Table of Contents
The Making of a Profession
By Albert Shanker
Despite significant gains teachers have made in salaries, fringe benefits, and working conditions, we still have not achieved the autonomy, responsibility, status, and compensation of other professions. To make teaching an authentic profession and to attract the best and brightest to our ranks will require fundamental change, a "second revolution" in American education.
Why Print Isn't Always the Best
By Patricia M. Greenfield
There is no substitute for reading and writing. But a multimedia approach to teaching—supplementing print with the newer media—can take advantage of each medium's special strengths.
Videodiscs: The Thinking Person's Audiovisual
By Frank B. Withrow
Want to practice your saxophone with the Marine Corps Band? Have instant access to the country's largest collection of art? Videodiscs—a blend of film and computers—offer a variety of new learning possibilities.
'Search' and 'Fast Forward': High Tech in the Reading Lab
By Janneke Bogyo and Anne Louise Fernbach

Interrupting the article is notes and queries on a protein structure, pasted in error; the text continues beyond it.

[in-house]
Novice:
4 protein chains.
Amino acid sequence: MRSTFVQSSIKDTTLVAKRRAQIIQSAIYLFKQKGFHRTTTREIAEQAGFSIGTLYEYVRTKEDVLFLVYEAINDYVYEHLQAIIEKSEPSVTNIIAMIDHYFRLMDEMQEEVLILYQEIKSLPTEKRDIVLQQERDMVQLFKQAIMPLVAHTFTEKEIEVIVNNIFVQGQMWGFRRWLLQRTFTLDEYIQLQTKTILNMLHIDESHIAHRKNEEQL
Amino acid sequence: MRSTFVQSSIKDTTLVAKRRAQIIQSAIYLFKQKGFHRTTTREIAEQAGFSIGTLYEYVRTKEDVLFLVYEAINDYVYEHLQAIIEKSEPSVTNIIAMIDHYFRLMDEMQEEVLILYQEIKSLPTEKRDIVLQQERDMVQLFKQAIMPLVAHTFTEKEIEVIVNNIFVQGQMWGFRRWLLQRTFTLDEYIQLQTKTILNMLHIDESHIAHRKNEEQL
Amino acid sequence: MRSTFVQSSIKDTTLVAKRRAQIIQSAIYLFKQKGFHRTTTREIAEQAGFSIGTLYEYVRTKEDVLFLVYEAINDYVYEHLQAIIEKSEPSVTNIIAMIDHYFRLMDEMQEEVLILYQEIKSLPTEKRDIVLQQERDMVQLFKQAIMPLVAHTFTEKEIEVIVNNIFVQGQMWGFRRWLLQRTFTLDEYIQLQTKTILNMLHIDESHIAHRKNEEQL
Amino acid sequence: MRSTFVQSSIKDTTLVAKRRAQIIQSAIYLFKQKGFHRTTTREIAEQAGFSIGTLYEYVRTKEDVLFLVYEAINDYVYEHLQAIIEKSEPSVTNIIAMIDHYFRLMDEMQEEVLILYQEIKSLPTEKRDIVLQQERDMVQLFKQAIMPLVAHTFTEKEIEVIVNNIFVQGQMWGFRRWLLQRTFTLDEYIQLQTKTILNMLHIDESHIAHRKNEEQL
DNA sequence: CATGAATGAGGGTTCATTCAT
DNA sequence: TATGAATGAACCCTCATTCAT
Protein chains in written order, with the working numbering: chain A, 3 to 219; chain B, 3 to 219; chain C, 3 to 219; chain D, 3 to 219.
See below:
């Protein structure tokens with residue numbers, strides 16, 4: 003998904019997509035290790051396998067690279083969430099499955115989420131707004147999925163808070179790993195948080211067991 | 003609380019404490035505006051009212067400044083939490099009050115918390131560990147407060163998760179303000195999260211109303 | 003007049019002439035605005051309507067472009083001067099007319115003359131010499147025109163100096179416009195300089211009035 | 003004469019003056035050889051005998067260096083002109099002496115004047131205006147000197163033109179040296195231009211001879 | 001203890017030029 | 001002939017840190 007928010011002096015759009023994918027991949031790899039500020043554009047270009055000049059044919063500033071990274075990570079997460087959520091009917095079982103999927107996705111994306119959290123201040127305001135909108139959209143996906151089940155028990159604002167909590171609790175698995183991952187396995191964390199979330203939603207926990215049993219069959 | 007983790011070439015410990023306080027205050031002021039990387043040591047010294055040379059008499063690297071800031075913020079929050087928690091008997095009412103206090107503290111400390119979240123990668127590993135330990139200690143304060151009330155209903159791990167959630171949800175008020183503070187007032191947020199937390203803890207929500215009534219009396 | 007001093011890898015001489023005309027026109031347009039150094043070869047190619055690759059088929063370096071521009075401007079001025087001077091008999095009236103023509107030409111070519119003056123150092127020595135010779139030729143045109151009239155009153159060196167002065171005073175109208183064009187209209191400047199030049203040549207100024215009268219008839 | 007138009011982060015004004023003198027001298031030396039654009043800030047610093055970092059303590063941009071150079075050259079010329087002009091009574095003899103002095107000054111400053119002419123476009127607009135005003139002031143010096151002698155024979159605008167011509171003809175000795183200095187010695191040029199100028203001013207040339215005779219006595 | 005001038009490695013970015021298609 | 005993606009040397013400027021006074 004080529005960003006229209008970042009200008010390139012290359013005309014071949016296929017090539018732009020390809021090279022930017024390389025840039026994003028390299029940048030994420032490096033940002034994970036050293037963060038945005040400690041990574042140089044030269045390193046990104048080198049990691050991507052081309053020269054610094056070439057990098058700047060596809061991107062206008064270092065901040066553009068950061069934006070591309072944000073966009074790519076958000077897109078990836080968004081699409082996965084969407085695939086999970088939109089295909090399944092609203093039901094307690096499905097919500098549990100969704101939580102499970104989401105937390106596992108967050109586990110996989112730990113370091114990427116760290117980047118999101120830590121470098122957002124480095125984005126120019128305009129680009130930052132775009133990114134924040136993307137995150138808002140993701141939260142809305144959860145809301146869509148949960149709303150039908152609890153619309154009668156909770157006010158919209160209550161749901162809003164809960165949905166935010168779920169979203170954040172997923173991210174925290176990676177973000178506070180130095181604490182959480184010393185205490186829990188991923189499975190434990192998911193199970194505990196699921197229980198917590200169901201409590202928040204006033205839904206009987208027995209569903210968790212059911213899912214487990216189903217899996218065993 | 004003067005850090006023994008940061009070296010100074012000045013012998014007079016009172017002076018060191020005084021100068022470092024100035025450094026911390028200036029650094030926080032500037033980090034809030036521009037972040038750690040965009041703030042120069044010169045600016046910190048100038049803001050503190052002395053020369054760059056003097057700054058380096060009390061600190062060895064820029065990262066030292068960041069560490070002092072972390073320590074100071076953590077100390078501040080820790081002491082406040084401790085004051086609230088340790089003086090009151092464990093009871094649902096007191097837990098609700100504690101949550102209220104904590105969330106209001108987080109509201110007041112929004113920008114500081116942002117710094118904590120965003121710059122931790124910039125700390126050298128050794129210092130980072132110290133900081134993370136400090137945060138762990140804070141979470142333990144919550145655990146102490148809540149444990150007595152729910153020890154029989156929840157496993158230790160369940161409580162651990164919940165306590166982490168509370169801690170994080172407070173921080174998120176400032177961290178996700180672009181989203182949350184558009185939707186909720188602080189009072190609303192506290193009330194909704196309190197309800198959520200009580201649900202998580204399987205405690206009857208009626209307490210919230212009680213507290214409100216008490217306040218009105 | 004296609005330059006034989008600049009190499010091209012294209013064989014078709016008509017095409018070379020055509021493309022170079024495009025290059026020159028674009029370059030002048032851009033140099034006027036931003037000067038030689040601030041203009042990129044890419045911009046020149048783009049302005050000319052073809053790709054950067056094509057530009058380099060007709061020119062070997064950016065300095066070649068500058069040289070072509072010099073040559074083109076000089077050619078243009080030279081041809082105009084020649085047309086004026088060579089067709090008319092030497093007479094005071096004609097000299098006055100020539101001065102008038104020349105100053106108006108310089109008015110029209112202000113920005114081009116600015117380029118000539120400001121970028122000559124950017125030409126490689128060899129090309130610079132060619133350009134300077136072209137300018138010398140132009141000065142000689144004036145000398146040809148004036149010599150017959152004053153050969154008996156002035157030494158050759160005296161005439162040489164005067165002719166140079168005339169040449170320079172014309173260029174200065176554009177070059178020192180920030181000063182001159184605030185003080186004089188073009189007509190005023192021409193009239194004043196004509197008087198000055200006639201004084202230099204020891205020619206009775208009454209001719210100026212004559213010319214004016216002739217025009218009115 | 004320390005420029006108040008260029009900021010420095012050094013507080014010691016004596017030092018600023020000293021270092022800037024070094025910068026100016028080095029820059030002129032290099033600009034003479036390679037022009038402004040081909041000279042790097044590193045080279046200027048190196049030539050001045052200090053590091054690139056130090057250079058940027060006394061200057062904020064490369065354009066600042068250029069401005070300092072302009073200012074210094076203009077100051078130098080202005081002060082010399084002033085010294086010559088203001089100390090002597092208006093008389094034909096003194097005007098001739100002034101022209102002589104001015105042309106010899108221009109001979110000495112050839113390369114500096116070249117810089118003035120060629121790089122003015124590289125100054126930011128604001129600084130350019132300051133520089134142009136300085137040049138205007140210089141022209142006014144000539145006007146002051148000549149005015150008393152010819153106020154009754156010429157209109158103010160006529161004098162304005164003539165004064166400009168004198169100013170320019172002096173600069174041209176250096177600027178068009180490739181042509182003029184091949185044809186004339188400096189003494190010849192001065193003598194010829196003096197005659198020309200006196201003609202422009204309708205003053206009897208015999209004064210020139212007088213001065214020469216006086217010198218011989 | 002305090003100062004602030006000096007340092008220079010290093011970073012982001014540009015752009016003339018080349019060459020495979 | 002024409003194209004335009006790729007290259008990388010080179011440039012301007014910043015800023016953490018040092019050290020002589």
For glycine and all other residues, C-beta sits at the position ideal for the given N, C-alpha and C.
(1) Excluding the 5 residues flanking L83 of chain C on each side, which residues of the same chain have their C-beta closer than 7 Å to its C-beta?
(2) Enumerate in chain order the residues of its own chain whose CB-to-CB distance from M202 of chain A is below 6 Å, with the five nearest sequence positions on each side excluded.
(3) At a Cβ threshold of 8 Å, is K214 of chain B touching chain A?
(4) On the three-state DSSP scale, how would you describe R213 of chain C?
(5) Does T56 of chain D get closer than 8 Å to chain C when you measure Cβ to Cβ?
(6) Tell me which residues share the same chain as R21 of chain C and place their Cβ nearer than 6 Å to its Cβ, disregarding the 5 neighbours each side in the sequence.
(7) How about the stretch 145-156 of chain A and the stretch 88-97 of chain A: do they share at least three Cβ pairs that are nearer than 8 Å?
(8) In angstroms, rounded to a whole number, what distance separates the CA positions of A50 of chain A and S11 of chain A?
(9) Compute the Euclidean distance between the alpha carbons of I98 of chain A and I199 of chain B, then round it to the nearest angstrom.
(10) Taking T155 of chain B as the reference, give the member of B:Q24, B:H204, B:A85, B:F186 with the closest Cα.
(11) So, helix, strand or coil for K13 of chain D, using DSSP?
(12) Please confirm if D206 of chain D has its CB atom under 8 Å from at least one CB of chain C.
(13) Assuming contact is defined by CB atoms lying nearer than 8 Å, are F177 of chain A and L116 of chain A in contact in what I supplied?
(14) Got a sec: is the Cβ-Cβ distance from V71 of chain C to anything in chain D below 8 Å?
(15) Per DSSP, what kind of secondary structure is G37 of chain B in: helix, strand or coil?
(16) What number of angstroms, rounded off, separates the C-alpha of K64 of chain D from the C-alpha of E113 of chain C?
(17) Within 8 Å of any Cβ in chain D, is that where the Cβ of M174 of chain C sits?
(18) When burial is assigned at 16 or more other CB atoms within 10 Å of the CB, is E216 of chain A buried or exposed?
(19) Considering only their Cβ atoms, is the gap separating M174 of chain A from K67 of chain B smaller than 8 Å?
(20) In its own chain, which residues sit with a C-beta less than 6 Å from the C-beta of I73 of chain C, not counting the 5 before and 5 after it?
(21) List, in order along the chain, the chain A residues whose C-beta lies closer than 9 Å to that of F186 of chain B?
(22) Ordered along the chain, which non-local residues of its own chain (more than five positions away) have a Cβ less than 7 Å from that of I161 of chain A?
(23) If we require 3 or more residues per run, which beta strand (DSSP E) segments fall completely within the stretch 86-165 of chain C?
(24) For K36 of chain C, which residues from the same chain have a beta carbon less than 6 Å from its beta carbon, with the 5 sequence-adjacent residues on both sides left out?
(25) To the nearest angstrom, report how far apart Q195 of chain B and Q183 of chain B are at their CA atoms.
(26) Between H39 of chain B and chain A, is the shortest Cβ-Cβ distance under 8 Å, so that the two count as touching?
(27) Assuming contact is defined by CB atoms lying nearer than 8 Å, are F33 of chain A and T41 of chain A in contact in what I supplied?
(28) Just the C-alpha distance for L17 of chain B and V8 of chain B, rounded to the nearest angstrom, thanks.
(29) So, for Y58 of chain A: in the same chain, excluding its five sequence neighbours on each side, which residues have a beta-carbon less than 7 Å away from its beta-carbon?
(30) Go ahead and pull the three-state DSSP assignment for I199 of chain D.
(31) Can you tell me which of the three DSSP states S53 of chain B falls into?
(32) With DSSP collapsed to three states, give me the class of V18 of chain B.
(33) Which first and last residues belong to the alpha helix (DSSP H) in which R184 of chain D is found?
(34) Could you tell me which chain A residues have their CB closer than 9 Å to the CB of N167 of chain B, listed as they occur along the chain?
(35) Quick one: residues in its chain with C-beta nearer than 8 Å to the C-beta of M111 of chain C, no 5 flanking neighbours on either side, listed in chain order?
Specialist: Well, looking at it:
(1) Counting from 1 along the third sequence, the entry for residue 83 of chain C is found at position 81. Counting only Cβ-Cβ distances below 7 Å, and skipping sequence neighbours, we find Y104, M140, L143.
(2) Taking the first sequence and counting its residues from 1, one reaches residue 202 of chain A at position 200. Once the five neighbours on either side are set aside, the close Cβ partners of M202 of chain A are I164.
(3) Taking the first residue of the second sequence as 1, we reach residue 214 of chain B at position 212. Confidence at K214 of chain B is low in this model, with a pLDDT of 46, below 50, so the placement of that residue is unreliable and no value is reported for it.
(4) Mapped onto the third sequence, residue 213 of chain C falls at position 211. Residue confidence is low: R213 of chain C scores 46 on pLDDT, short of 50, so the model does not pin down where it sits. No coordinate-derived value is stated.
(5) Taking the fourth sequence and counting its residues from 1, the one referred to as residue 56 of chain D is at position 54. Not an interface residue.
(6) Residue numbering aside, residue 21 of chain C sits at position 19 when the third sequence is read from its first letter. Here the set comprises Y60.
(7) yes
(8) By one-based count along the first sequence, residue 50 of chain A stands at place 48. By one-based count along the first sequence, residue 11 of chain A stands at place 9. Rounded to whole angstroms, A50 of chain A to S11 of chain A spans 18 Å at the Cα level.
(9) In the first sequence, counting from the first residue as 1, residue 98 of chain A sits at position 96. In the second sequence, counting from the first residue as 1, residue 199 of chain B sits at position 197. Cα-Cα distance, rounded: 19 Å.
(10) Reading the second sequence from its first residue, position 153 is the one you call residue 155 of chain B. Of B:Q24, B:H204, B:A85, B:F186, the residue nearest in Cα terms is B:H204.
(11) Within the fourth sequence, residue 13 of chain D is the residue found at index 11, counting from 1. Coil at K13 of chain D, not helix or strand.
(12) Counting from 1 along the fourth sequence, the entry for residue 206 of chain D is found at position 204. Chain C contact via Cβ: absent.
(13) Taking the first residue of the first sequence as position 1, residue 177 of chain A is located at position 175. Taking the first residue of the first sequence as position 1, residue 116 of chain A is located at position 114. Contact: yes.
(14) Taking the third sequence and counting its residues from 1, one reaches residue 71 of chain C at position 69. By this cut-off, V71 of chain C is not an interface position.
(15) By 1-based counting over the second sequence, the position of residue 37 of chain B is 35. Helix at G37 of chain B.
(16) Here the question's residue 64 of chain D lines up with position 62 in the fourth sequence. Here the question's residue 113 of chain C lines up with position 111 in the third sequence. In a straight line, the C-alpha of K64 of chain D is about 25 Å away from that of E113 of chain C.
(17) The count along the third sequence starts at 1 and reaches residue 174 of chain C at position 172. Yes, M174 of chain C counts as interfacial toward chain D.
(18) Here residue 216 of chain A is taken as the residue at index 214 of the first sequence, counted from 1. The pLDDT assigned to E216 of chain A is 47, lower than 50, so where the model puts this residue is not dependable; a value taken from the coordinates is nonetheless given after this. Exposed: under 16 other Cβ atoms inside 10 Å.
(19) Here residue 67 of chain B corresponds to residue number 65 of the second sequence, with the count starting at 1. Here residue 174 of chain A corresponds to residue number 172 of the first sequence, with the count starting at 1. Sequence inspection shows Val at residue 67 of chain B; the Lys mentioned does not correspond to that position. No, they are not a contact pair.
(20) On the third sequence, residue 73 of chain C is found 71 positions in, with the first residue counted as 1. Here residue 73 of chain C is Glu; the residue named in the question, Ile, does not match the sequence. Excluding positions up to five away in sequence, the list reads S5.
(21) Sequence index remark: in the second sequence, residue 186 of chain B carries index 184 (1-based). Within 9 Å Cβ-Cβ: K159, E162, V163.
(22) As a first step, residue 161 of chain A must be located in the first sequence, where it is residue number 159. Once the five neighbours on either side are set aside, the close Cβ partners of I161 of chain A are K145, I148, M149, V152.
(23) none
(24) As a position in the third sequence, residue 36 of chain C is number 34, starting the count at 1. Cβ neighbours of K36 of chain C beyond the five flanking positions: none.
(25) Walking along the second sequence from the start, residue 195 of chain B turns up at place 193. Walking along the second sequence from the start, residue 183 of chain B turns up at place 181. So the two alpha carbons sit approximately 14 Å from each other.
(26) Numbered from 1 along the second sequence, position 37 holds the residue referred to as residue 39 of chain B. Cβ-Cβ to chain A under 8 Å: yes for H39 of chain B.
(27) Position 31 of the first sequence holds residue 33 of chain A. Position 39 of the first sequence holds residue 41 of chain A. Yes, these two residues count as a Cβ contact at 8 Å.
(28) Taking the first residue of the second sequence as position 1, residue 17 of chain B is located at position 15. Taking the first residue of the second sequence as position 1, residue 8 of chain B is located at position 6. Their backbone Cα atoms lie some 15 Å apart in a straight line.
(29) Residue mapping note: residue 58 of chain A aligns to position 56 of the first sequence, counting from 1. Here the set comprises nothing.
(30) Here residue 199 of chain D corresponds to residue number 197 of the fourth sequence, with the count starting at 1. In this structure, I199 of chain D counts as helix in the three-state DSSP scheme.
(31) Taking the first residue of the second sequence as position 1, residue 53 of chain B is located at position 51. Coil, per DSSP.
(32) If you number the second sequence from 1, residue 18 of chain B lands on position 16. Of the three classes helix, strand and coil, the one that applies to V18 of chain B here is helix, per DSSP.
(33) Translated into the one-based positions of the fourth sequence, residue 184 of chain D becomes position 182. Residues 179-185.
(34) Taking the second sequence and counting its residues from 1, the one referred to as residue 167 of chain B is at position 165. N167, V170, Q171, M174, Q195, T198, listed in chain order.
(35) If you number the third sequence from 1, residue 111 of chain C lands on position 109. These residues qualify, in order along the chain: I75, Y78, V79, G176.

Two reading specialists tell how they used videodiscs to motivate students who had lost interest in learning.
'I Am One Who Writes'
New Approaches to Children's Writing
By Lucy McCormick Calkins
Real writers plan and brood, write and revise, reflect and rewrite some more, and share criticisms with their fellow writers. When classrooms are turned into writing workshops where these processes are honored, even very young students become craftsmen of the written word.
But Can She Cook? Overcoming the Barriers to Women's Education
By Joyce Antler
At every stage of their advance along the corridors of academe, women have had to overcome conservative views about a woman's proper "place." The concern that higher education might undermine a woman's traditional role has frequently influenced the nature of her education and often restricted the use of which she can put it.
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About American Educator
American Educator is a quarterly journal of educational research and ideas published by the American Federation of Teachers. Recent articles have focused on such topics as reducing the achievement gap between poor and affluent students, heading off student discipline problems, teaching an appreciation and understanding of democracy, the benefits of a common coherent curriculum, and other issues affecting children and education here and abroad. Total circulation, as of our most recent issue, is over 900,000.